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Yawning may boost brain

News Team



Publicat Vineri, 6 Iulie 2007, ora 09:17

      Yawning is not something we usually aim to provoke among our readers, but have a yawn now. Does your brain feel cooler? Do you feel more attentive? According to psychologists Andrew Gallup and Gordon Gallup of the State University of New York at Albany, that is why we yawn: to boost blood flow and chill the brain.
     
      Not only that, brain-cooling explains why you can "catch" a yawn, says Gordon Gallup. "We think contagious yawning is triggered by empathic mechanisms which function to maintain group vigilance." In other words, yawn-catching evolved to help raise the attentiveness of the whole group.
     
      The pair recruited 44 college students to watch, individually, films of people yawning and recorded the number of contagious yawns each volunteer made. Students were told to inhale and exhale in one of four ways: strictly orally; strictly nasally; orally while wearing a nose plug; or just breathe normally.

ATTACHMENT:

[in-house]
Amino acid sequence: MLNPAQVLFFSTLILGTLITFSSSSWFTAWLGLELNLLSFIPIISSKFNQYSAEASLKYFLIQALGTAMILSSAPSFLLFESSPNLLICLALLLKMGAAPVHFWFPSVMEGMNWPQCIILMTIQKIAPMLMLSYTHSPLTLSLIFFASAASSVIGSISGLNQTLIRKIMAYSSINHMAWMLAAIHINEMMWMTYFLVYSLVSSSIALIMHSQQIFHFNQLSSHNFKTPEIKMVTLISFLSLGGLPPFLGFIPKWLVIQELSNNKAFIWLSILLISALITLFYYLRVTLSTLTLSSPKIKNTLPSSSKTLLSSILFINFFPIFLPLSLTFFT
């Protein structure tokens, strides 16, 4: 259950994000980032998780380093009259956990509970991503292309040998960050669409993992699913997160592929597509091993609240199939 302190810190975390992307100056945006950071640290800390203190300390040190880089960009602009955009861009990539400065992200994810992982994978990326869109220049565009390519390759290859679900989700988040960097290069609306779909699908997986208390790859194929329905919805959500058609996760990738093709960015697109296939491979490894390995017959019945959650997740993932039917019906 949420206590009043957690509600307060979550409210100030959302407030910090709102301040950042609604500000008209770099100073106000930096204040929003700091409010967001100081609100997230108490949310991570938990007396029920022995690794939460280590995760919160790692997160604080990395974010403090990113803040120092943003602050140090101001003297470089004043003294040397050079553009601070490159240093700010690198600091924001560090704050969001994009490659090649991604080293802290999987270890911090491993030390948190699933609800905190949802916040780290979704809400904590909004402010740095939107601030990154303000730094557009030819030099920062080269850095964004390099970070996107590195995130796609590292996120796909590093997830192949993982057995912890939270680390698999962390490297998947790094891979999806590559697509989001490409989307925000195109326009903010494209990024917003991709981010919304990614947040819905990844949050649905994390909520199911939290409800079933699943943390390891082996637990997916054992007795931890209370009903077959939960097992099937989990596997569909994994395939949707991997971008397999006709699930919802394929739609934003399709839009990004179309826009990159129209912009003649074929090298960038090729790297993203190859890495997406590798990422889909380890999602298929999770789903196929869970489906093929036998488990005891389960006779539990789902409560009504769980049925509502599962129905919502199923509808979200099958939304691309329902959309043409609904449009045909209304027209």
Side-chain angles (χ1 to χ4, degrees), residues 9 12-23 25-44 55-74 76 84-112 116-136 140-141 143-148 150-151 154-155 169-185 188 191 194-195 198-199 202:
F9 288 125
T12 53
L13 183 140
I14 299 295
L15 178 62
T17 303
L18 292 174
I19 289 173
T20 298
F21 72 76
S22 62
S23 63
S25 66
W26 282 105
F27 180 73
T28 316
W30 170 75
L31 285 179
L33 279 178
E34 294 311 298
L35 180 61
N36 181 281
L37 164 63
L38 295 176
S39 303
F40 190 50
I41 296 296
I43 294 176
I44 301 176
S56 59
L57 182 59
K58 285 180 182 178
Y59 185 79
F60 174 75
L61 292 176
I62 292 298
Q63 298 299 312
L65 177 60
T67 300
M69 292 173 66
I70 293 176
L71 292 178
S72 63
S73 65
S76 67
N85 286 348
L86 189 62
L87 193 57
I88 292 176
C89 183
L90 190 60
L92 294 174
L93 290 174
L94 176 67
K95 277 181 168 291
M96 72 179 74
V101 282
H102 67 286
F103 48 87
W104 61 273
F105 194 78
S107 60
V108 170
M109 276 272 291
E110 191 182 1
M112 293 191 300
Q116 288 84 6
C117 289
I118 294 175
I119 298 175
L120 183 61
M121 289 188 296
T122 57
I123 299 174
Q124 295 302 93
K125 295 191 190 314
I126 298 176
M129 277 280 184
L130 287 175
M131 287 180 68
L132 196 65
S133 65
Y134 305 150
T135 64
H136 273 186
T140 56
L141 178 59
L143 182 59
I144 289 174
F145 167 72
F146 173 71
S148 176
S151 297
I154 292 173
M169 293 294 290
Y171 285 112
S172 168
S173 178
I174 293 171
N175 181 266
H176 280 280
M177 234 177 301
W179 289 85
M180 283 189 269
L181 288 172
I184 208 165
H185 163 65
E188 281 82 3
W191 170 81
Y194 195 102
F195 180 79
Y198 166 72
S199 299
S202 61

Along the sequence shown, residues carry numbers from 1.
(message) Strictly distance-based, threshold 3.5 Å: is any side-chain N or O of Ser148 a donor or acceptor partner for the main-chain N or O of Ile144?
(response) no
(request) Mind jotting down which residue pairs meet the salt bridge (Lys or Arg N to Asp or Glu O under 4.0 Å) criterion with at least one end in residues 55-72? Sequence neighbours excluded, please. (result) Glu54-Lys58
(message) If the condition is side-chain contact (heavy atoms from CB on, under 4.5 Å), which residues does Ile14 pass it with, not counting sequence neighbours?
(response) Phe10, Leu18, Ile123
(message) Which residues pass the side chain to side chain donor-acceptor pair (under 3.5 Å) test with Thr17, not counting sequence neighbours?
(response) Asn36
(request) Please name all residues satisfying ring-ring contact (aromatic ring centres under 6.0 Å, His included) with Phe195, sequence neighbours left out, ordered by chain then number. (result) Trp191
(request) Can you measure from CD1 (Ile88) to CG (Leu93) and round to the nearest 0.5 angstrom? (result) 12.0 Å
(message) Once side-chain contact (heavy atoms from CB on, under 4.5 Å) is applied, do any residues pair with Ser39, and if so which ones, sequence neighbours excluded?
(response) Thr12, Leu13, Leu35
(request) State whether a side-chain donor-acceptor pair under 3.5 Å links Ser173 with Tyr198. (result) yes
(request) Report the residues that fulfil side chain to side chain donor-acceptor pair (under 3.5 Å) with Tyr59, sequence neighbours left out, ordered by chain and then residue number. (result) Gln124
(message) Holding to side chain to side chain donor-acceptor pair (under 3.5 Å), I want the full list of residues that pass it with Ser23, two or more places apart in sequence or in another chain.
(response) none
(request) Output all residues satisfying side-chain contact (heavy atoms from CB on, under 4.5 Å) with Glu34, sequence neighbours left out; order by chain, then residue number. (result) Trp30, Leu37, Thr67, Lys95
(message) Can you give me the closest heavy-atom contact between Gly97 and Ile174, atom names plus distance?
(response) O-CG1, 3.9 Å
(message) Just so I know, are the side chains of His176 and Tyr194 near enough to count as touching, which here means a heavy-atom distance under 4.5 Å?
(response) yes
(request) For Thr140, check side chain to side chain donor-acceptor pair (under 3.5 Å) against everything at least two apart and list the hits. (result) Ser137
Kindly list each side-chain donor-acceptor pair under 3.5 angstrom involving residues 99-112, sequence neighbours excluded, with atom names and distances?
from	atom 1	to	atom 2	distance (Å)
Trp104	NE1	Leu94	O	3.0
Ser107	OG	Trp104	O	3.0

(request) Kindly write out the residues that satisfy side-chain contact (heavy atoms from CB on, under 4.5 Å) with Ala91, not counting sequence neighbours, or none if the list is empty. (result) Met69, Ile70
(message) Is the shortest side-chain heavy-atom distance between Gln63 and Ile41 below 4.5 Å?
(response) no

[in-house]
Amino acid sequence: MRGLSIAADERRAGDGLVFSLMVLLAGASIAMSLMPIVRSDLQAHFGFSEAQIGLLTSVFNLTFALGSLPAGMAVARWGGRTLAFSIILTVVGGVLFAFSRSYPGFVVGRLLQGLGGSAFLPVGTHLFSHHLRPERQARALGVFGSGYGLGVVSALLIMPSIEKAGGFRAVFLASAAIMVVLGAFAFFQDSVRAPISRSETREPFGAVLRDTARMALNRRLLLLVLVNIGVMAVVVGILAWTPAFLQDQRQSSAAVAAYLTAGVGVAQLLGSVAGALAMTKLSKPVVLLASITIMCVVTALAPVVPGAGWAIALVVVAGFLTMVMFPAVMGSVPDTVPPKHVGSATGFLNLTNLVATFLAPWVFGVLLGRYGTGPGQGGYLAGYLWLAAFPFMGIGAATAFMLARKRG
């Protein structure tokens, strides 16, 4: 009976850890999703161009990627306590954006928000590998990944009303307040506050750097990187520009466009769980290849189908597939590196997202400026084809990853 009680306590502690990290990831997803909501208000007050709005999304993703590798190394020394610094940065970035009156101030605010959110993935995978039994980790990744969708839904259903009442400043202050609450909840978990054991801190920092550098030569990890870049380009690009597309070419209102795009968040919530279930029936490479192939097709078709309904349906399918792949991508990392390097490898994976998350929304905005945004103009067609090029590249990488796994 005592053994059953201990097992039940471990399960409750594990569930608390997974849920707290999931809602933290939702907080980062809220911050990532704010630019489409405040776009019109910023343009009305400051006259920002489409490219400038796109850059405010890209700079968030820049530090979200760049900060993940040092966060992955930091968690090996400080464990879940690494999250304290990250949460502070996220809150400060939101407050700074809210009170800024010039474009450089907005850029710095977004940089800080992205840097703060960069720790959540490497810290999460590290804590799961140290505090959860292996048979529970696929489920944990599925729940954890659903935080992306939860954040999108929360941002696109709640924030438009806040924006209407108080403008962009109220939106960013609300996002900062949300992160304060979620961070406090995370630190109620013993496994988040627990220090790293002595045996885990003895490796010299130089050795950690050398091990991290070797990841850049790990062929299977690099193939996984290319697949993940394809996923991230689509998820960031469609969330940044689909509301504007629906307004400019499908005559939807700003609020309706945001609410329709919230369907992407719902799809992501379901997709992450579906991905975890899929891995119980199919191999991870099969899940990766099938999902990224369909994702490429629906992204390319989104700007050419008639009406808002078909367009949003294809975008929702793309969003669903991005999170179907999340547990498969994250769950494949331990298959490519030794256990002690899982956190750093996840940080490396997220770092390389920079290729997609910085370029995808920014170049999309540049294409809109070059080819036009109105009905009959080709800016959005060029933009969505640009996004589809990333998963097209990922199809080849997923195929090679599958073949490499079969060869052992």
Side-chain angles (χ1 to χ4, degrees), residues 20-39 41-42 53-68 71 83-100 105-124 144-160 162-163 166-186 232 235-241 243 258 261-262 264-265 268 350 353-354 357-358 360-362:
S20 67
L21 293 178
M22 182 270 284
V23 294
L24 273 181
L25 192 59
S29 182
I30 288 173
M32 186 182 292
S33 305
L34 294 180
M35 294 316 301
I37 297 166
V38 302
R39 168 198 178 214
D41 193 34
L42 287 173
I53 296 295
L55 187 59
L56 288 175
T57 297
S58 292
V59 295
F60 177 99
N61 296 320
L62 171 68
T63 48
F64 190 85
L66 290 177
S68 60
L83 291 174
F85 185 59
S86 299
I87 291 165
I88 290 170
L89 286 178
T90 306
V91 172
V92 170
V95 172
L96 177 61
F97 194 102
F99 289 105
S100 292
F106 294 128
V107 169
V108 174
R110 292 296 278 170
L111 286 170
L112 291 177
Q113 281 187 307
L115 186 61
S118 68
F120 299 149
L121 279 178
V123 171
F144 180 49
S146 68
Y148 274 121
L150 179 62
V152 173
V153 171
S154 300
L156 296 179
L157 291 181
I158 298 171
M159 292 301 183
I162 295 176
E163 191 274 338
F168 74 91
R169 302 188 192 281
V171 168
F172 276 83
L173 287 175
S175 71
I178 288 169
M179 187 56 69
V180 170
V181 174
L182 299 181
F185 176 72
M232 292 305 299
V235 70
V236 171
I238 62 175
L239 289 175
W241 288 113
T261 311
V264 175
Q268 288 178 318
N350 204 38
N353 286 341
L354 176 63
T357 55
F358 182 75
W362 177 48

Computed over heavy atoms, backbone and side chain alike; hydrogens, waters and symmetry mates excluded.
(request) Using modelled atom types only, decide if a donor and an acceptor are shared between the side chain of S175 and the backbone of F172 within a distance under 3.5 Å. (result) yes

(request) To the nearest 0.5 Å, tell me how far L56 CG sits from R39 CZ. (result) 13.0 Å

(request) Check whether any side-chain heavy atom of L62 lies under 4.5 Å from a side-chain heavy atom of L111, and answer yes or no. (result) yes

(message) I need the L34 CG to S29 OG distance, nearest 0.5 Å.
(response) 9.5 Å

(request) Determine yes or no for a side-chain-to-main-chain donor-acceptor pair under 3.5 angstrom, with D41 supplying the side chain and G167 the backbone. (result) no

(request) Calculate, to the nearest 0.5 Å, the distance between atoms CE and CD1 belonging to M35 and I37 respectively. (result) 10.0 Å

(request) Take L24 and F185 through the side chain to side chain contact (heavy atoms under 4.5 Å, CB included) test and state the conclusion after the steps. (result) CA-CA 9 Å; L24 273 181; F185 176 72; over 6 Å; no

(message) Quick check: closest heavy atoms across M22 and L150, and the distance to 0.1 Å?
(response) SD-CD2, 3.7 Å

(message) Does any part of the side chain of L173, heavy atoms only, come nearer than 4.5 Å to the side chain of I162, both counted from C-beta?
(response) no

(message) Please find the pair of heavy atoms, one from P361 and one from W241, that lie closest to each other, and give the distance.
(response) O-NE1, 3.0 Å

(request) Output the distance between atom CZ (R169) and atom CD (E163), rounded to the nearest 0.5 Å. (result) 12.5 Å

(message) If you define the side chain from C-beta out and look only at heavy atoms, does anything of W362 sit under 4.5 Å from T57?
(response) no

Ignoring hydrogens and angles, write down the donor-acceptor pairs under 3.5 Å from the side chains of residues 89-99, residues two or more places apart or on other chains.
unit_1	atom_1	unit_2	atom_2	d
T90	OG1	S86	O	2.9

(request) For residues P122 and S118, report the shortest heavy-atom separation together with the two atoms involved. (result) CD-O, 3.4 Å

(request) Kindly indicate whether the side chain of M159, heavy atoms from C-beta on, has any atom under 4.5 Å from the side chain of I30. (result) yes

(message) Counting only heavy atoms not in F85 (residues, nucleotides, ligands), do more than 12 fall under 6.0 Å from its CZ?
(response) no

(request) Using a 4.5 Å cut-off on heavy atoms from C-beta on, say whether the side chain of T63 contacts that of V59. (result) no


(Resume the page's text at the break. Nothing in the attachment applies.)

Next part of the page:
Fifty per cent of people told to breathe normally or through their mouths yawned while watching other people yawn, while none of those told to breathe through their noses yawned. The researchers also found that subjects who held a cold pack to their forehead did not catch yawns from the film, while those who held a warm or room-temperature pack yawned normally (Evolutionary Psychology, vol 5, p 92).
     
      "Subjects who held a cold pack to their forehead did not catch yawns, while those who held a warm pack yawned normally"
     
      Blood vessels in the nasal cavity send cool blood to the brain, so breathing through the nose or cooling the forehead cools the brain and eliminates the need to yawn, says Gordon Gallup. He argues that brains operate more efficiently when cool, and that yawning enhances brain function. "According to our hypothesis, rather than promoting sleep, yawning should antagonise sleep," he says.
     
      "Paratroopers report yawning before they jump," says Robert Provine of the University of Maryland, Baltimore County. "Yawning signals a transition between the behavioural states of wakefulness and sleepiness, and boredom to alertness."

© Copyright News Team
Sursa :   NewScientist.com
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